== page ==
SHERMAN, TX - Many Texomans are familiar with the ever unpleasant Poison Ivy rash. But, there are a lot of people don't even know what the plant looks like. And that could make the difference between misery and comfort.
"You can find poison ivy just about anywhere," said Grayson County College biology instructor Ramona Popplewell.
In fact, all I had to do is walk twenty yards from the backdoor of our studio and there it was. Poison Ivy, the unassuming menace.
"Poison ivy is a vine that is in the almond family." said Popplewell
But you can't get almonds from this vine, just a nasty, itchy rash.
"A lot of time it looks it looks like more like a water blister or blistering rash," said dermatology nurse practitioner Tami Dobs. "A lot of the times people believe they spread it by itching themselves on the arm where it starts."
But that couldn't be further from the truth. The rash doesn't spread at all. It only develops on skin that comes into direct contact with the vine's poisonous oil.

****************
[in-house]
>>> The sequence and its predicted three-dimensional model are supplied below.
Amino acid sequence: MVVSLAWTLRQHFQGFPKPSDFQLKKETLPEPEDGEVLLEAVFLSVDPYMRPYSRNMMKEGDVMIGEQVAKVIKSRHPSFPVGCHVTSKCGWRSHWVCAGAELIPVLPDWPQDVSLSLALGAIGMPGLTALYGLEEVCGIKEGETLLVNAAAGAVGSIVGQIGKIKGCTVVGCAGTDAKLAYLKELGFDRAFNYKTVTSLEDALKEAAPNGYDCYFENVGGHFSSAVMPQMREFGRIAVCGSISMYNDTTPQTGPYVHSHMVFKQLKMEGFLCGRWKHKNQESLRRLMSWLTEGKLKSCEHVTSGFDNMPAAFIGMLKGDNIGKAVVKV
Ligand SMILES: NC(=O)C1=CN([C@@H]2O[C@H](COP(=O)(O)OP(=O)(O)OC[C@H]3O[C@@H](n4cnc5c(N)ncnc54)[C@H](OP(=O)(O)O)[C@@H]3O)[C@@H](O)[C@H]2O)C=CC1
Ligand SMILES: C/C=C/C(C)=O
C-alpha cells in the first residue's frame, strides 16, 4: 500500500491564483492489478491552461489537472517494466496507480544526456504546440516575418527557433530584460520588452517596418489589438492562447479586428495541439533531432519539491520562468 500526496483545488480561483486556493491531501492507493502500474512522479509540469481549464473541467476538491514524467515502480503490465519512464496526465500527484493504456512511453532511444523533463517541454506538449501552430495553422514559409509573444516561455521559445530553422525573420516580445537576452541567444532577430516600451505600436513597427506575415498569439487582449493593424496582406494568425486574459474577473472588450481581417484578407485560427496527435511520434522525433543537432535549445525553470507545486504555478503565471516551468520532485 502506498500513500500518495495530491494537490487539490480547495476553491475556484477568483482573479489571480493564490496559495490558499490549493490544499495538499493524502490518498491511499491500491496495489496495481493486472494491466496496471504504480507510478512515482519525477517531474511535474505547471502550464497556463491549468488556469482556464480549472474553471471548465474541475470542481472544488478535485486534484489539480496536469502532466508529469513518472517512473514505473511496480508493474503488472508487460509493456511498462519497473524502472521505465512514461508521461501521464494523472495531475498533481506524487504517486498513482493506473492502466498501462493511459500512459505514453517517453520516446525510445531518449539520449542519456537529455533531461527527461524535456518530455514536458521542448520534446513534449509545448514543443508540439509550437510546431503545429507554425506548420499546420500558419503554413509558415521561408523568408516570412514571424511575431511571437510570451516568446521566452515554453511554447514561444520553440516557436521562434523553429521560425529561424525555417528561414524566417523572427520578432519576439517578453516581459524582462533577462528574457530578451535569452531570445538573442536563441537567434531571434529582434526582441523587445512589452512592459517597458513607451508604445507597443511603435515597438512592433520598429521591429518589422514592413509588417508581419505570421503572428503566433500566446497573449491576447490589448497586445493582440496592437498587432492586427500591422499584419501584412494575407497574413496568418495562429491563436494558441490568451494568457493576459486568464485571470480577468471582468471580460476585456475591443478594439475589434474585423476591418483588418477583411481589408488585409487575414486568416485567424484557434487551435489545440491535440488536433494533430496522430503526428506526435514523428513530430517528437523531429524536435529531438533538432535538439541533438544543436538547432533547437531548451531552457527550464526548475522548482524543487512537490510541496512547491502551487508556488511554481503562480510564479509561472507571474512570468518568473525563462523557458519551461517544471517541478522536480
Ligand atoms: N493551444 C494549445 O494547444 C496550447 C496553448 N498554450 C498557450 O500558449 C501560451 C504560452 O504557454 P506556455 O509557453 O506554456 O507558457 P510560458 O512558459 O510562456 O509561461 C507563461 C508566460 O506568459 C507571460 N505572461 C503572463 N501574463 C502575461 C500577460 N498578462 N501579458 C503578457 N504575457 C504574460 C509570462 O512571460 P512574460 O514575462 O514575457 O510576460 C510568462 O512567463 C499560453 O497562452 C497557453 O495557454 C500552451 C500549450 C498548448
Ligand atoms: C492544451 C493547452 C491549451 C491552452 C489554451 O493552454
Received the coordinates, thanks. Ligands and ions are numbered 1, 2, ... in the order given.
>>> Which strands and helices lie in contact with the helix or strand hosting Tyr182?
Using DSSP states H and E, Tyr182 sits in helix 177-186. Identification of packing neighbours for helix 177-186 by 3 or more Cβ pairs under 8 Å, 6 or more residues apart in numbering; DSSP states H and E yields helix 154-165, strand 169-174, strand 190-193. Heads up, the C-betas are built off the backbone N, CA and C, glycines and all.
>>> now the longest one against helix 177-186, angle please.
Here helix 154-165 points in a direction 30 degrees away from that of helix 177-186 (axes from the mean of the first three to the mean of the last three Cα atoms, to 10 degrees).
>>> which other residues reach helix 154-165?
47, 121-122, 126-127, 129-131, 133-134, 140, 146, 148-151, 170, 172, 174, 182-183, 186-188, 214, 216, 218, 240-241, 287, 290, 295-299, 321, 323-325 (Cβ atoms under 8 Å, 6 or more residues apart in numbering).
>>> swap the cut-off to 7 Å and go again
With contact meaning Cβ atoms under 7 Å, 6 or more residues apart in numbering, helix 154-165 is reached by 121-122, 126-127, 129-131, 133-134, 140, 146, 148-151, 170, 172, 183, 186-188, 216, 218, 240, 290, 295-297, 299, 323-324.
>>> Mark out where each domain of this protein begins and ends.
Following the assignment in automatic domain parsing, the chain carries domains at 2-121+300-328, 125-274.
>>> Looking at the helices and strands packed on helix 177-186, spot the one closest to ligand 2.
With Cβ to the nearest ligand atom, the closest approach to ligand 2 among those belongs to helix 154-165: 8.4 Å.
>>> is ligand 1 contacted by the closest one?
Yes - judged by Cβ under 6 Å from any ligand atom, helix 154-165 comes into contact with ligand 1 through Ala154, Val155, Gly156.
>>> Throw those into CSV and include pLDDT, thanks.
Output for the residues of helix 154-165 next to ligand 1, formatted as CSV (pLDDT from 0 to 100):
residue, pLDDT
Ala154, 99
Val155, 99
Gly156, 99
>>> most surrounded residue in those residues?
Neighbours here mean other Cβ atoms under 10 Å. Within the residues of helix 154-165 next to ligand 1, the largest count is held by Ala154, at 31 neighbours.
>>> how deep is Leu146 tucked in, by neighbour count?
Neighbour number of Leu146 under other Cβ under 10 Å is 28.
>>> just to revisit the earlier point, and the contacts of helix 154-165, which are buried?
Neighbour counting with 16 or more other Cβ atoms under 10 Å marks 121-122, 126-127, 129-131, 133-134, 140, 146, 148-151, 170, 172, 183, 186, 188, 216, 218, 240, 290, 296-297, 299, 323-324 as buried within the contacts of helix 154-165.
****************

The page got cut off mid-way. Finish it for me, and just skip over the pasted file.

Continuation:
"It develops differently at different times on different parts of the body." Dobs said. "So, that's why you think you spread it."
And that's not the only Poison Ivy myth. The rash is not contagious, but you can give it to someone if you have the oil on your hands and touch their skin. And no one is immune, only less allergic. Even if you kill the vine, it's still poisonous. The oil's so potent, it can last up to seven years on any surface if not removed or washed away. And you should never burn Poison Ivy. But the most common myth is that it looks like it's five leaved cousin Virginia Creeper. But Virginia Creeper is not poisonous.
"Probably the easiest way to keep from getting the itchy rash like I did last week while doing yard work is simple. Do your homework. Learn what the plant looks like, and avoid contact."
"If you've never seen it get on the internet and google it and there will be thousands of websites that will give you pictures to look at," said Popplewell.
For more information on prevention and treatment of Poison Ivy you can log on to the Poison Ivy, Oak, & Sumac Information Center website Http://poisonivy.aesir.com/view/comments.html